But it’s not all good news. Looking ahead in the murky crystal ball, headwinds are definitely building up for business in the region. Here are a few examples:
1. China Global Powerhouse Years are Finished. Much as everyone misses the highs, it is completely unrealistic to expect China to ever get back to 8% to 10% growth. 6% dropping to 4% seems much more likely medium term. Is the complex domestic economic/social/political contract sustainable under these conditions? How will potential backlashes against OBR play out across the region and into Africa?
2. India Struggling with Momentum Despite its best efforts India won’t replace China as Asia’s powerhouse soon, if ever. India’s GDP is only one quarter the size of China today and faces internal bureaucratic and other difficulties which were never an issue in China in the heady days of top speed growth.
3. Technological Disruption to Replace People Technological change is accelerating business model change globally, often in ways that we poorly understand and may be ill-prepared to meet in Asia. The historical heart of Asia’s competitive advantage? — Do it more cheaply, with good quality and stay flexible. This model is fundamentally at risk from the emergence of the Internet of Things, Advanced Robotics and Artificial Intelligence. These developments are leading to heavy redundancies in both blue collar and white collar roles globally and at an accelerating pace. Many Asian business models will likely be swept away with the tide of change.
4. Climate Change Global Warming and the potential failure to respond to its implications is the number one risk in the World Economic Forum’s Global Risk Report. The four cities with the highest GDP at risk from natural disaster globally today are Taipei, Tokyo, Manila and Seoul according to the Lloyds City Risk Index. The impact of climate change as it emerges will disrupt everyone but could likely displace and disrupt more people in Asia than anywhere else on the planet.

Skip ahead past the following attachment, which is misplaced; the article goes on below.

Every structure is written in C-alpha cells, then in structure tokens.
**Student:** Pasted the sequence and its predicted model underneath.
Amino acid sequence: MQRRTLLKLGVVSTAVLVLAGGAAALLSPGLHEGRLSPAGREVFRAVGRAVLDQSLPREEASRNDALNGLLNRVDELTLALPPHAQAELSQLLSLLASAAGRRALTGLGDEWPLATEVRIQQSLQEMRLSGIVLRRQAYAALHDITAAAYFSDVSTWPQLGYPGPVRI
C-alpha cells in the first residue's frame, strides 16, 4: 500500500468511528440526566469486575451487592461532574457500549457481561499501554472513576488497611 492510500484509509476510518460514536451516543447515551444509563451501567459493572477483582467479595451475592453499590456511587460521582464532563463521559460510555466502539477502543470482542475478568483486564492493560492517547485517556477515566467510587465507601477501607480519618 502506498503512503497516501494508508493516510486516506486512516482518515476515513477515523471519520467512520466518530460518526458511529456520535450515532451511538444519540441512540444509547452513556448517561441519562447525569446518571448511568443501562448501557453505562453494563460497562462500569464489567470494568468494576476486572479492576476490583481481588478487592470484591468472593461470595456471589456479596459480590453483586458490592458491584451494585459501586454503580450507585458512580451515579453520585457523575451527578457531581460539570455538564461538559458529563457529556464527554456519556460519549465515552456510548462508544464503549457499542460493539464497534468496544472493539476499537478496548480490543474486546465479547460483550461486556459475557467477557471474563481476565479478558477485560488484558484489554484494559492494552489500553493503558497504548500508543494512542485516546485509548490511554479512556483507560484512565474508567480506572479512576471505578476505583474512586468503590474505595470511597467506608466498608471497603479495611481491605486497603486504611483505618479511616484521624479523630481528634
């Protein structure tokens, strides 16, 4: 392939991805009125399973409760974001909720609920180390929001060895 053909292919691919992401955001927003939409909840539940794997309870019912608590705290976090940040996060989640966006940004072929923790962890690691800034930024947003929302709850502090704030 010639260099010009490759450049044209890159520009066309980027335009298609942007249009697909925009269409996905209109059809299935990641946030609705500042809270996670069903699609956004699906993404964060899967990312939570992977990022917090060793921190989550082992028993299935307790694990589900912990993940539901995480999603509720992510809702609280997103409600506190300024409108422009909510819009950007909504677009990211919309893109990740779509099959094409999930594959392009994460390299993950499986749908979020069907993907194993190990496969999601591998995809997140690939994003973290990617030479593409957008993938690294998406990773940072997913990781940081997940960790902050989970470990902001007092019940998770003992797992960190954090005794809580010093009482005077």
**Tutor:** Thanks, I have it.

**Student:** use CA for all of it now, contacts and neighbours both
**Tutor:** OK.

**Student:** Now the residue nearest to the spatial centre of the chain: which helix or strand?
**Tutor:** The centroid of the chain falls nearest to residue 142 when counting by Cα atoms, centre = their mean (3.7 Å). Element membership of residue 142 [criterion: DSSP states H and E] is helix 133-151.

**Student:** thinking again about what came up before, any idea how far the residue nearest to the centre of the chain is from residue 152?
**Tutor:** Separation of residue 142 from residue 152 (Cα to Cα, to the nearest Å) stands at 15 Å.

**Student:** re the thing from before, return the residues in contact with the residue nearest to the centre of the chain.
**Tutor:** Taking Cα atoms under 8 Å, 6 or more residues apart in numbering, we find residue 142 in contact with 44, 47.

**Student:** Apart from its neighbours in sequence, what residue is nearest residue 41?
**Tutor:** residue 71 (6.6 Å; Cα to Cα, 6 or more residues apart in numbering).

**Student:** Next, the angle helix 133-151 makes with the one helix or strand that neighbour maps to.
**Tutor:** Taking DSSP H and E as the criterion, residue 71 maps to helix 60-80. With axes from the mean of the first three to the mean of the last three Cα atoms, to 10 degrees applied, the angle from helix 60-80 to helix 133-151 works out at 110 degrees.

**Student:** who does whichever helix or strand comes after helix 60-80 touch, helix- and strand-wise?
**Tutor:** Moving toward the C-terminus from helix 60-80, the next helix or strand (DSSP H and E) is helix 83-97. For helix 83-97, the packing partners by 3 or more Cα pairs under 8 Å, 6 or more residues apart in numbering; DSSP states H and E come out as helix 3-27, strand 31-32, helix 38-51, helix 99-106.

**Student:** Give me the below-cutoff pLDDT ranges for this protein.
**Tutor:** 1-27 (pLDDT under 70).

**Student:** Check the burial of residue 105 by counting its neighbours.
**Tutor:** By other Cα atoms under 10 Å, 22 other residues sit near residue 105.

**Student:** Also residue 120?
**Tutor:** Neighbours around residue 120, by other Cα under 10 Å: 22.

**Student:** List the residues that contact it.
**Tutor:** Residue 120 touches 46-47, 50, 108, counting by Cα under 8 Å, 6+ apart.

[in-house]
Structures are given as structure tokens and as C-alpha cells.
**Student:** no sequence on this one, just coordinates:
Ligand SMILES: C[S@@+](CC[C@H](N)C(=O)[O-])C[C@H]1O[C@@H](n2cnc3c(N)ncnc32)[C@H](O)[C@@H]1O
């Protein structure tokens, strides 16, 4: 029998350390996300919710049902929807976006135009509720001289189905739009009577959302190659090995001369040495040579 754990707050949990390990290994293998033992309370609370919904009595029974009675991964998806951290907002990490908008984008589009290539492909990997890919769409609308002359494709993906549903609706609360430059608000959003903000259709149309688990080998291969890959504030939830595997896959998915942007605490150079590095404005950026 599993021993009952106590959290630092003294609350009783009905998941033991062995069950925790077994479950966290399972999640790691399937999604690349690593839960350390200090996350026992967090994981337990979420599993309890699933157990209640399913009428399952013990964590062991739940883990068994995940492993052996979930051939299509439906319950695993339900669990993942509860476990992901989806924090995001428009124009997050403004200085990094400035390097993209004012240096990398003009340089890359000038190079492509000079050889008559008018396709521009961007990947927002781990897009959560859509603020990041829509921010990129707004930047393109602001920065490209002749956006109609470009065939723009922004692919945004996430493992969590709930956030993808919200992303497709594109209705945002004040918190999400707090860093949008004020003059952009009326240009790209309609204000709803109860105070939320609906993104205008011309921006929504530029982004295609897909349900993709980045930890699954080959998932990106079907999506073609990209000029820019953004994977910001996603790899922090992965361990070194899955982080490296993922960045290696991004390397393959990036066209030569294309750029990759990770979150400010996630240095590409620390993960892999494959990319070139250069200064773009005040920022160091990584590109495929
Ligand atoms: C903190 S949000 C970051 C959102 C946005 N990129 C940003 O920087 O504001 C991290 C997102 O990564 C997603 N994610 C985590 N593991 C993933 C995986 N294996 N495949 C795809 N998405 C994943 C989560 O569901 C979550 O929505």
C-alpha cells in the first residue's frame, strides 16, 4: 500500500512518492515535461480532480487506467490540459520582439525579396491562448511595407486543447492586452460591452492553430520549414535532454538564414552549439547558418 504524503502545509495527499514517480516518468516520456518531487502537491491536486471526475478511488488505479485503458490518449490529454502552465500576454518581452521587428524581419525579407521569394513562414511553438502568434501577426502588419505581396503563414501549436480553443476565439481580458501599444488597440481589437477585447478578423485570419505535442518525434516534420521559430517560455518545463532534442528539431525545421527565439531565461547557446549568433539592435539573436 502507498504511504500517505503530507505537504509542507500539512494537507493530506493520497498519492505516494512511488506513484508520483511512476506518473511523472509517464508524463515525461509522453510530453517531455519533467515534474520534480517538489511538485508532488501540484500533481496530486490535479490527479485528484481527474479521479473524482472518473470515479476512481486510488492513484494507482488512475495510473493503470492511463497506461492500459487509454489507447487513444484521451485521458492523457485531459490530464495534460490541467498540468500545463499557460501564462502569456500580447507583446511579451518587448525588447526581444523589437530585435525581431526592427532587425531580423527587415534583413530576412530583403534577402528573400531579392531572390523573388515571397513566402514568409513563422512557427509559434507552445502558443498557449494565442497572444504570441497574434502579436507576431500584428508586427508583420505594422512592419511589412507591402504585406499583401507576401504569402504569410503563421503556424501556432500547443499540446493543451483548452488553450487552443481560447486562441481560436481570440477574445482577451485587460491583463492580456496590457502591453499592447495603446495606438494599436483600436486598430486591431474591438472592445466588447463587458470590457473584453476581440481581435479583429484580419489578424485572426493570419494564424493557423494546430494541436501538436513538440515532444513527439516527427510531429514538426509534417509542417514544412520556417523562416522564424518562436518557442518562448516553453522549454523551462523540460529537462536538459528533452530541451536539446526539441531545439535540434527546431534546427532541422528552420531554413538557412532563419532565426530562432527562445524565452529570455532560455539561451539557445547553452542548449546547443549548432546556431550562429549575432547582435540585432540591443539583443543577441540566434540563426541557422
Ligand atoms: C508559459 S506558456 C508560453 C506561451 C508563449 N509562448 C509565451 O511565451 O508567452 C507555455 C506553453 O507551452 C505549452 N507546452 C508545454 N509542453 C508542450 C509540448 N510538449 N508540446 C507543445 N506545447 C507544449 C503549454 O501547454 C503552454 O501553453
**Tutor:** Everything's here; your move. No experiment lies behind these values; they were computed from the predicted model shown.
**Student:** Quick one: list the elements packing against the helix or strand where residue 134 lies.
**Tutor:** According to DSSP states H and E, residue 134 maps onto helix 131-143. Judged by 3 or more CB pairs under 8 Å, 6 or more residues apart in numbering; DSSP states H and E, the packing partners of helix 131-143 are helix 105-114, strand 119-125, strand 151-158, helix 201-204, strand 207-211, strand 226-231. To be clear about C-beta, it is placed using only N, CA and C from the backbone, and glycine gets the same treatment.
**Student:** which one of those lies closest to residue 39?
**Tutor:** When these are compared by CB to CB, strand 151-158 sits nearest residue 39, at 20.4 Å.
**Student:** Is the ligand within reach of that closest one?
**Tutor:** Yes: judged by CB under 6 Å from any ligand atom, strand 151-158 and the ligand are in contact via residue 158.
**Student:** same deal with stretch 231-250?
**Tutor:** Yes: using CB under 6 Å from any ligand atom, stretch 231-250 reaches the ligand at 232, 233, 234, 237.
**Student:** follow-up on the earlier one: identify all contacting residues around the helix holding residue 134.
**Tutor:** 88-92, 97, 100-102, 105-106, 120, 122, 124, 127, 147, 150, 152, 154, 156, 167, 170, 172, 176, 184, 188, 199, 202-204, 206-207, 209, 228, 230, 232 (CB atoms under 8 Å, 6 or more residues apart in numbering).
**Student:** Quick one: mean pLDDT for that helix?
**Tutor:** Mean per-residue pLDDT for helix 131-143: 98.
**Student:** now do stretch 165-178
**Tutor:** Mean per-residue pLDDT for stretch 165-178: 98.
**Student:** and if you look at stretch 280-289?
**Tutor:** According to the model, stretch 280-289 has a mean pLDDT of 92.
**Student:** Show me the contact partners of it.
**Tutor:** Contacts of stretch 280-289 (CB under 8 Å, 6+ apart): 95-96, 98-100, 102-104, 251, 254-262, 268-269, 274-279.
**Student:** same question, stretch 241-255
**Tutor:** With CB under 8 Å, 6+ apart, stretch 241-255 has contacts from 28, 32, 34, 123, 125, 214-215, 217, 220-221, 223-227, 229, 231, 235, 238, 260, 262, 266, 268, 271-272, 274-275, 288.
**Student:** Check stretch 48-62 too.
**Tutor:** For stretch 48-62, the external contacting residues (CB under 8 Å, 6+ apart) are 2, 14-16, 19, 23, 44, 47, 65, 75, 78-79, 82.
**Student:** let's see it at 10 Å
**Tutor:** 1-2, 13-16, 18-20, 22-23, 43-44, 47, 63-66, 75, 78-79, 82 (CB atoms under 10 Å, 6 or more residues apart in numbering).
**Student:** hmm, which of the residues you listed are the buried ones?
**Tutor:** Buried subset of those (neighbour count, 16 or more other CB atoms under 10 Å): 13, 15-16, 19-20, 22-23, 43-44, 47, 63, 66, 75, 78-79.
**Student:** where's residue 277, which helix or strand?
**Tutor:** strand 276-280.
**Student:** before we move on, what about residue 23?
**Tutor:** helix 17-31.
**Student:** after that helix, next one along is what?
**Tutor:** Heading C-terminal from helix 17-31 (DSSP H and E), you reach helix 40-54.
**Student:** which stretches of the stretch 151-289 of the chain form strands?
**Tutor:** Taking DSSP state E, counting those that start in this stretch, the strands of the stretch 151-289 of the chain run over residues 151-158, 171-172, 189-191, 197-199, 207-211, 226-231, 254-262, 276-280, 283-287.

5. Water and Food Security There are huge emerging risks around the medium term security of both water and food supplies. With the largest populations on the planet, businesses in Asia will see both risks and opportunities in this area within a relatively short time frame.
6. Global Political Tension There are troubling times on the global political stage. On the plus side, progress has been made in USA/North Korea and USA/Cuba relations. The Ukraine/Russia standoff seems to have stabilized at least in the short term. But Brexit, Trump increasing xenophobia and tensions between Russia/USA all indicate business risk levels unprecedented since the Cold War ended.
In our own region, religious tensions are likely to increase as fallout from the situation elsewhere. Furthermore, and arguably for the first time in a thousand years, China has become expansionist again. The Nine Dash Line and the grab for the South China Sea receives little attention in the Western media but may have the most significant geopolitical ramifications in Asia since the end of the Vietnam War. That’s before we talk about the long-term implications of the Belt and Road Strategy.
The unpredictable question for Asia is “How long can the blue skies last?”
Has the successful Asian CEO of the last 15 years built a resilient, sustainable legacy to pass on to future generations? Or a house of cards that will collapse at the first puff of severe headwinds in the region.